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Woman Found Guilty of Breaching Animal Ownership Ban

On Monday 16th April, Kambah resident Stephanie Clarke was found guilty of breaching a court-ordered Animal Ownership Ban and was sentenced to 200 hours community service, 12 months good behaviour order and 12-month animal ban commencing from 16th April 2018.

 

This is the second time that RSPCA ACT Inspectors have brought a breach by Ms Clarke to the attention of the courts.  Ms Clarke is well known to the RSPCA ACT Inspectorate with them having had at least ten interactions with the Defendant in the past three years.

 

This is also the first time that an animal ban breach has been successfully prosecuted in the ACT under the Animal Welfare Act 1992.

 

BACKGROUND

 

On the 7th December 2015, Ms Clarke was found guilty in two cases of animal cruelty under the Animal Welfare Act 1992 for failing to provide appropriate and adequate food, exercise, water, shelter as well as failure to take reasonable steps to alleviate pain for the dogs in her care.

 

The dogs were found to be malnourished, flea infested, suffering from pruritus and conjunctivitis with untreated injuries. Ms Clarke was found guilty and sentenced to a 12 months good behaviour bond, 120 hours of community service and was banned from owning, acquiring, purchasing or possessing any animal for three years.

 

You can read the original media release of that case in its entirety here.

 

TIMELINE

7 December 2015

Ms Clarke was convicted under the Animal Welfare Act 1992 in the ACT Magistrates Court and as a result was given a three-year animal ban to purchase, acquire, keep, care for or control any animal.

 

10th February 2016

Just two months after her conviction and the court imposed an animal ban, RSPCA ACT Inspectors executed a search warrant at Ms Clarke’s residence in Kambah where they seized three dogs, seven cats and a blue tongue lizard from the premises.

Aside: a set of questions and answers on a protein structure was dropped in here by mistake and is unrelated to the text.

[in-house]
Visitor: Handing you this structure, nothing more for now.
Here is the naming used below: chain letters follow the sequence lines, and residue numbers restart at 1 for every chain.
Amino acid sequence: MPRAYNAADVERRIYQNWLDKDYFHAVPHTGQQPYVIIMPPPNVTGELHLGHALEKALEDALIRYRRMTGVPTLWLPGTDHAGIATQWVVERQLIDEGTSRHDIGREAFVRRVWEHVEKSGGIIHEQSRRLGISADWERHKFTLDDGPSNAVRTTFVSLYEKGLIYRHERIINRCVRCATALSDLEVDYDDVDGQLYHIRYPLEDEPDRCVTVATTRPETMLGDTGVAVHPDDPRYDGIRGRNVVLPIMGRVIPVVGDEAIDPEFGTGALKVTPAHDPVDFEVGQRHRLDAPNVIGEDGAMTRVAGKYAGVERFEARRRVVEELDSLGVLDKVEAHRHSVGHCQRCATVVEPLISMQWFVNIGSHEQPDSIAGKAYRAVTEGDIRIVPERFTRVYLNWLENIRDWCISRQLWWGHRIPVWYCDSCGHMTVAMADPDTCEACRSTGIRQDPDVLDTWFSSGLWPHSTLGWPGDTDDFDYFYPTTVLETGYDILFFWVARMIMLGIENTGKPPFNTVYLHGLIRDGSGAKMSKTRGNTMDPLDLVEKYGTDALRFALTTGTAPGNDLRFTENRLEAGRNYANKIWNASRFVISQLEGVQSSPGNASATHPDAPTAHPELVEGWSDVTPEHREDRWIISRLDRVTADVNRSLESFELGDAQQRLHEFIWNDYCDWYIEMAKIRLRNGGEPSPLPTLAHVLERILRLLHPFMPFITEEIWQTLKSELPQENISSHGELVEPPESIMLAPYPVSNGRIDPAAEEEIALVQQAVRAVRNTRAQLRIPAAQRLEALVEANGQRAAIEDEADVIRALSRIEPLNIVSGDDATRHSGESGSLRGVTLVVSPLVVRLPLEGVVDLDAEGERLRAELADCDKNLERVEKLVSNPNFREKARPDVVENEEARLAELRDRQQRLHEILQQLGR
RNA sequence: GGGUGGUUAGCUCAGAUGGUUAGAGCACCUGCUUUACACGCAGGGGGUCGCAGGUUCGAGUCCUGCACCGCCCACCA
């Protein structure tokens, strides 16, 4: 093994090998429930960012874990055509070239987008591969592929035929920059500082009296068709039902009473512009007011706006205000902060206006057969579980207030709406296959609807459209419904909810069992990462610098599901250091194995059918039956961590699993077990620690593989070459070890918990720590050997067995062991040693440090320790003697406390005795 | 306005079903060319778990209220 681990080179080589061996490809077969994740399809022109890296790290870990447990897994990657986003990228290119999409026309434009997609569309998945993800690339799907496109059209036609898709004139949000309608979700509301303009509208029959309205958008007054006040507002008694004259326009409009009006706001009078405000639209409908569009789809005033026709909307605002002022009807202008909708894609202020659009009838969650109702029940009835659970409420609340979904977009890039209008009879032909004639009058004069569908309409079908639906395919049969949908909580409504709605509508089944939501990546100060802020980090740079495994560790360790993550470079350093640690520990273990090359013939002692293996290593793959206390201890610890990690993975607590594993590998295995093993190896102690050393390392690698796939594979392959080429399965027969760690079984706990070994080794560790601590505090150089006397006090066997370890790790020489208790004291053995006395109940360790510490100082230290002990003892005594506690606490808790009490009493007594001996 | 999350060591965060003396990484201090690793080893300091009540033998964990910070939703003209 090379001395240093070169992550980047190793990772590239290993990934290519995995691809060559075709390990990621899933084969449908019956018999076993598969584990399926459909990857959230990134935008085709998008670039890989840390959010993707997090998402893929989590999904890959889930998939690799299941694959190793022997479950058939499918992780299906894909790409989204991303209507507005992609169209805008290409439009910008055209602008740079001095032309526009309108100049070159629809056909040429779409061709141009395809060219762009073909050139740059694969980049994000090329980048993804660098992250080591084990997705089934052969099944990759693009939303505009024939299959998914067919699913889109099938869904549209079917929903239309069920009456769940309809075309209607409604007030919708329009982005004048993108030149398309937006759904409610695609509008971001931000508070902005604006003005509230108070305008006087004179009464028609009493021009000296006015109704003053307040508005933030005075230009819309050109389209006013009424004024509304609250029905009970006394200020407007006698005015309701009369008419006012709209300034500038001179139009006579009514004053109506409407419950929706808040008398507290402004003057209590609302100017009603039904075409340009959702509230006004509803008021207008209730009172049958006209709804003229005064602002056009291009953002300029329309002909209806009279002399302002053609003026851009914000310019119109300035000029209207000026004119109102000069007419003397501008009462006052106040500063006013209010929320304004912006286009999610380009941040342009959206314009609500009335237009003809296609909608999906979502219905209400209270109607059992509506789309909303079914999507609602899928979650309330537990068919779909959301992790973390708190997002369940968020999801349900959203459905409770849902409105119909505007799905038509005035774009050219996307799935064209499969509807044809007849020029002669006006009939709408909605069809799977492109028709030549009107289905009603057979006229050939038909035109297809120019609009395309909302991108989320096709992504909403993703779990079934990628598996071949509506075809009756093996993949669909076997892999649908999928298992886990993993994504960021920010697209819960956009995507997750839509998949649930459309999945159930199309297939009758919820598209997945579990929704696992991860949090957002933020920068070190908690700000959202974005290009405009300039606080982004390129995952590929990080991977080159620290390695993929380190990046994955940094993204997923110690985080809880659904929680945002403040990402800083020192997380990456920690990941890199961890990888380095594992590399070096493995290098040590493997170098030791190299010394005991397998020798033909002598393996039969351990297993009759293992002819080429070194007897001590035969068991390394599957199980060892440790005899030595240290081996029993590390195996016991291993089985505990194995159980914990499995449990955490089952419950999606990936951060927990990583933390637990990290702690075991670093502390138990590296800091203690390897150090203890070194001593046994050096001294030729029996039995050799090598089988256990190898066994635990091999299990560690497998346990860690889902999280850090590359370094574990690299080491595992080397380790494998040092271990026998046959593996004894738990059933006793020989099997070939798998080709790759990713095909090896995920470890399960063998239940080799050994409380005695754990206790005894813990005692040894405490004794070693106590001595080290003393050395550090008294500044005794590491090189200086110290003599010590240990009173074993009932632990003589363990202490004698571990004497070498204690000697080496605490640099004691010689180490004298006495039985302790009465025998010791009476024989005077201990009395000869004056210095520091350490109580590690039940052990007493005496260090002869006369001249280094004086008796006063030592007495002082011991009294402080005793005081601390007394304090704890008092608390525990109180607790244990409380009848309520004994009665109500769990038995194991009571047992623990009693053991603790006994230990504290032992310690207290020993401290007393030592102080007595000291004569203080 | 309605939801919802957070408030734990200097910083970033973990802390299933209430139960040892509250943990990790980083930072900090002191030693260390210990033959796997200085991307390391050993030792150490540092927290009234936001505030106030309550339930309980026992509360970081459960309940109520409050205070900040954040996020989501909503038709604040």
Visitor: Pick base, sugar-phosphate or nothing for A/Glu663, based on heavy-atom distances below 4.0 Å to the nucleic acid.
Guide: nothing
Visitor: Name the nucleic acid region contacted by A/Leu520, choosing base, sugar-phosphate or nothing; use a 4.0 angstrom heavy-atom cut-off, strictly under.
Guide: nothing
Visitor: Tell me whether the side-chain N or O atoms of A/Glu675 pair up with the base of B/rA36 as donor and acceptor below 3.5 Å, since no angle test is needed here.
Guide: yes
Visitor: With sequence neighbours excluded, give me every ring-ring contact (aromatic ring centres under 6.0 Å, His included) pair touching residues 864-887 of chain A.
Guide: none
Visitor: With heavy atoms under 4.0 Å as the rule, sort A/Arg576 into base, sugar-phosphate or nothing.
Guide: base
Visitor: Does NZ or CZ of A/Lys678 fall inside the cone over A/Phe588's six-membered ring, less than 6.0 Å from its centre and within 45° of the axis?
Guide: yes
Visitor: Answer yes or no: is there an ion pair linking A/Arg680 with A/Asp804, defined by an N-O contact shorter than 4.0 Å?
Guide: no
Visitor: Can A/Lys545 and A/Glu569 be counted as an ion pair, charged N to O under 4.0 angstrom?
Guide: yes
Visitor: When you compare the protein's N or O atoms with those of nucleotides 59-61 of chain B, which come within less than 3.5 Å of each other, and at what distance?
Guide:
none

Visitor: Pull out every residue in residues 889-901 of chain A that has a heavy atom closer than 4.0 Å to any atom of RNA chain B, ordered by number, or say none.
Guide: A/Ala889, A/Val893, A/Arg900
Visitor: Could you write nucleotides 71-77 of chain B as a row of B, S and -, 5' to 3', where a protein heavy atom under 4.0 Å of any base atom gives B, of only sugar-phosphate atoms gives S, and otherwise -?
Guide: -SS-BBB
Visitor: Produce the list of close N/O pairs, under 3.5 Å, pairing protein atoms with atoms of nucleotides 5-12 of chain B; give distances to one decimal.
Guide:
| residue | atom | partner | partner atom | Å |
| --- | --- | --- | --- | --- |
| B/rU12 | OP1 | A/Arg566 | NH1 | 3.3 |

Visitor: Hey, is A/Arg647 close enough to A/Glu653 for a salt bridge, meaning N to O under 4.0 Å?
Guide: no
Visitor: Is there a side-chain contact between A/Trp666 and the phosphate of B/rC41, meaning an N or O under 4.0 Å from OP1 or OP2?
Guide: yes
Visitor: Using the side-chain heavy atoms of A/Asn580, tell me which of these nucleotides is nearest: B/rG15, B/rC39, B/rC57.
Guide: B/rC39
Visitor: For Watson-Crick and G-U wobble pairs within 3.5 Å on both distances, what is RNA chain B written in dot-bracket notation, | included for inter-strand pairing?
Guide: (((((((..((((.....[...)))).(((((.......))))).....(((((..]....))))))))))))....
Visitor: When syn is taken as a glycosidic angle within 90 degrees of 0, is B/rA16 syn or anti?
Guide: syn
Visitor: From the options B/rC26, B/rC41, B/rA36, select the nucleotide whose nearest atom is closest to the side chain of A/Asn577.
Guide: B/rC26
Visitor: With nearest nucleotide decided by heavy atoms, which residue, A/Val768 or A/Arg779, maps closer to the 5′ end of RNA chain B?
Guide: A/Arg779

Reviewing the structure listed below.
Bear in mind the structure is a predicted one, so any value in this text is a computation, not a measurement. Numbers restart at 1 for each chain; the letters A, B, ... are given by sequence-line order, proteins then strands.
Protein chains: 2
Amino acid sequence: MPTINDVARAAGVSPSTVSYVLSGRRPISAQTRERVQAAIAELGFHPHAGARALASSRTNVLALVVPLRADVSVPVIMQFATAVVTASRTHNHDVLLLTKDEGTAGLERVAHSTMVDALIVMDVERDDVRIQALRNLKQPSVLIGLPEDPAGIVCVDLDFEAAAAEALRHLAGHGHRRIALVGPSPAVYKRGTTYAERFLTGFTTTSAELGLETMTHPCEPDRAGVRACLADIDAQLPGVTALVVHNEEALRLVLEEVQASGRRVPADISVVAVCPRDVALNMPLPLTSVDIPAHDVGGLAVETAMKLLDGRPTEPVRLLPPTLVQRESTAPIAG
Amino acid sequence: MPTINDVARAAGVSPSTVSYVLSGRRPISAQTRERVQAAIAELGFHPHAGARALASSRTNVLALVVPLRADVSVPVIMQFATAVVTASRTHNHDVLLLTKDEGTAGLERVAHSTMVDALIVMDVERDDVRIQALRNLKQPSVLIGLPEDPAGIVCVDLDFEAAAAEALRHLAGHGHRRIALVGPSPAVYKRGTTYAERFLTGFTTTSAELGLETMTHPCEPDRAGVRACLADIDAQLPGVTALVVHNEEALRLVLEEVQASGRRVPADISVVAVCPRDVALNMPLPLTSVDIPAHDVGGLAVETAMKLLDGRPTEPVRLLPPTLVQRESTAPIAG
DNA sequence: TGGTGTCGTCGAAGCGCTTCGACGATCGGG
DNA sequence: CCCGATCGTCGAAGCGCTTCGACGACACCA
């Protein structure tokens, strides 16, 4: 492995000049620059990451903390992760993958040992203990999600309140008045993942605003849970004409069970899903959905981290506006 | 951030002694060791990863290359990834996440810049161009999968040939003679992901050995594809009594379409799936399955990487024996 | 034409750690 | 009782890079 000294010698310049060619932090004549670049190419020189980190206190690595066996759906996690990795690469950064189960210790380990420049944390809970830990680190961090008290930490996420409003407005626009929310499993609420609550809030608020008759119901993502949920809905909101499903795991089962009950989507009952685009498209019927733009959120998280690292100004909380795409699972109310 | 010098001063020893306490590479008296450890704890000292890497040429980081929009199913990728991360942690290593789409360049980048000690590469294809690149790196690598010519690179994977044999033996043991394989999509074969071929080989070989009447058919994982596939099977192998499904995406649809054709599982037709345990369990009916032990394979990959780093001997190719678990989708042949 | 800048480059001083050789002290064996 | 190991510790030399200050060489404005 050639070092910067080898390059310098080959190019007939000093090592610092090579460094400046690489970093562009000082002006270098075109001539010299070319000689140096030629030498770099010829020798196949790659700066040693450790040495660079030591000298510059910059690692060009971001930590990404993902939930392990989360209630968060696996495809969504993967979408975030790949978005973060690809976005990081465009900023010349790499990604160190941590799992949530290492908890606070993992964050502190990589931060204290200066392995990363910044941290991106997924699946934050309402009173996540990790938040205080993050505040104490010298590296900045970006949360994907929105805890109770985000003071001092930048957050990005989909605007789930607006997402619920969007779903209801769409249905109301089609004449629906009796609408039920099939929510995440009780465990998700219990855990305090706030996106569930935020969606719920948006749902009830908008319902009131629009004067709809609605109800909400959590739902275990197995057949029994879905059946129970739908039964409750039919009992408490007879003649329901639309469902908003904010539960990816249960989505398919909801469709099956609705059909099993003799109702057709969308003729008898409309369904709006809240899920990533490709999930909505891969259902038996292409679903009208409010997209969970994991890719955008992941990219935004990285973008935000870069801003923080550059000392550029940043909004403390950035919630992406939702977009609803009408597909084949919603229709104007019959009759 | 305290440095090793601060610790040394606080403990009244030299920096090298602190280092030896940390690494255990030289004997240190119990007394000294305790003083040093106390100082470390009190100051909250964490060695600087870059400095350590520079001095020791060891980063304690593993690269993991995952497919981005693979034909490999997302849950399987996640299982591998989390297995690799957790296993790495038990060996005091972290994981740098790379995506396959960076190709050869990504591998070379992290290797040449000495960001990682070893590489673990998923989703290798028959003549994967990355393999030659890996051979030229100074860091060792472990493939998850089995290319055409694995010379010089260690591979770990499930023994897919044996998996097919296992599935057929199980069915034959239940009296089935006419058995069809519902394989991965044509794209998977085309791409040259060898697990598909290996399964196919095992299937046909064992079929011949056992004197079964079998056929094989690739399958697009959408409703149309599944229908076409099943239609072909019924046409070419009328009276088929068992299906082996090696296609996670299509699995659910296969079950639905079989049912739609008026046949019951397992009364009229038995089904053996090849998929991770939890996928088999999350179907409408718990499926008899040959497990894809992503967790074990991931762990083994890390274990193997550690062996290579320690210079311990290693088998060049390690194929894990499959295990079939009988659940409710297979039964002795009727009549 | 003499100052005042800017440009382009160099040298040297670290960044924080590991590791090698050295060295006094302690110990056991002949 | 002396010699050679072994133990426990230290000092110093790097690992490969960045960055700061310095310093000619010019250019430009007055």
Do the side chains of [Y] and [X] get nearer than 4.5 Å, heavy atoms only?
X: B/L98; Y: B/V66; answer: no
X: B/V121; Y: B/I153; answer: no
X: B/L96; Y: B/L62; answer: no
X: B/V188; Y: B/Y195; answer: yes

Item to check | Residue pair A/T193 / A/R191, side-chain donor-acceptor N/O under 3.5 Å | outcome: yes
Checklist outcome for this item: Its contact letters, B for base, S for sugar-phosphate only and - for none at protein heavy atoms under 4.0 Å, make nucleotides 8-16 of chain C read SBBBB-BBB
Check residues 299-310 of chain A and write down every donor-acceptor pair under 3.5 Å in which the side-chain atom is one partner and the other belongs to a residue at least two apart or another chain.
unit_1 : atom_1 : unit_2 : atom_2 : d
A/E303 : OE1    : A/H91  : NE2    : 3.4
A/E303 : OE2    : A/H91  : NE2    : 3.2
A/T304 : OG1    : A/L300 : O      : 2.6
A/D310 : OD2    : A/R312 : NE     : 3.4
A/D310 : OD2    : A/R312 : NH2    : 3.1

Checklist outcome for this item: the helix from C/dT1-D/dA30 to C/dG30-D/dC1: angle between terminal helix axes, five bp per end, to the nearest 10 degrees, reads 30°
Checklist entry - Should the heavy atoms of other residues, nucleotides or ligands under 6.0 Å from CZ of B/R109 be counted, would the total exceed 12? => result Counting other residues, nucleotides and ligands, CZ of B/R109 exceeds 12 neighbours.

The case was dismissed on the 15th December 2016 due to the Magistrate believing there was insufficient proof that Ms Clarke was in possession of the animals based on the wording in the legislation. Ms Clarke’s partner claimed they were hers alone – despite the fact the animals were living with the defendant.

 

17th October 2016

RSPCA ACT received information that the defendant was in possession of two dogs. This information was confirmed by a sighting of a dog in the defendant’s rear yard by RSPCA ACT Inspectors.

 

20th October 2016

A search warrant was issued for Ms Clarke’s Kambah residence. Inspectors seized eight cats, four dogs, one lizard, and one ferret.

 

SENTENCING 16th April 2018

 

Magistrate Cush condemned the behaviour of Ms Clarke and commented, “The defendant has been caught by the Inspectors, having clearly disobeyed a court order. She was previously convicted of failing to provide food, water and treatment to an animal.

 

This was an inappropriate number of animals in inappropriate conditions. She had fourteen animals there, eleven months after the court order. The animals were found in conditions best described as disgusting and unhygienic.”

 

Ms Clarke was sentenced to 200 hours community service, 12 months good behaviour order and 12-month animal ban which will be served concurrently with her other ban.

 

LEGISLATION ISSUES

Ms Clarke’s case demonstrates deficiencies in the current form of the legislation. Further defects in the law were found by Justice Mossop in Keir v Croatto [2017] ACTSC 222.  RSPCA ACT has been working with the ACT Government, seeking an overhaul of the Animal Welfare Act 1992.

 

RSPCA ACT RECOMMENDATIONS

  1. That the law specifically prevents an offender under a ban from keeping, caring for or controlling an animal either solely or with another person;
  2. That animal bans be imposed more often and for longer terms.

 

Chief Executive Tammy Ven Dange discussed the current challenges with the legislation:

 

“We believe that animals bans are the only really effective part of a sentencing in these case as it can actually prevent animal cruelty in the first place.  It deters others from offending and prevents guilty parties from being in a position of hurting another animal for a period of time.  Unfortunately, right now, the legislation has too many loopholes, and the courts apply and enforce these bans unpredictably and inconsistently. 

 

We have been working with the ACT Government to fix these issues, and hope that we might see improvements to the legislation to be tabled and passed by the end of this year.”

 

RSPCA Inspectors do not have any control regarding the sentences that are handed to individuals found guilty.  If you too would like to see these loopholes closed and a tougher stance on animal cruelty crimes, we encourage you to write your MLA to ensure that the RSPCA ACT proposed Animal Welfare Act amendments are tabled and passed later this year.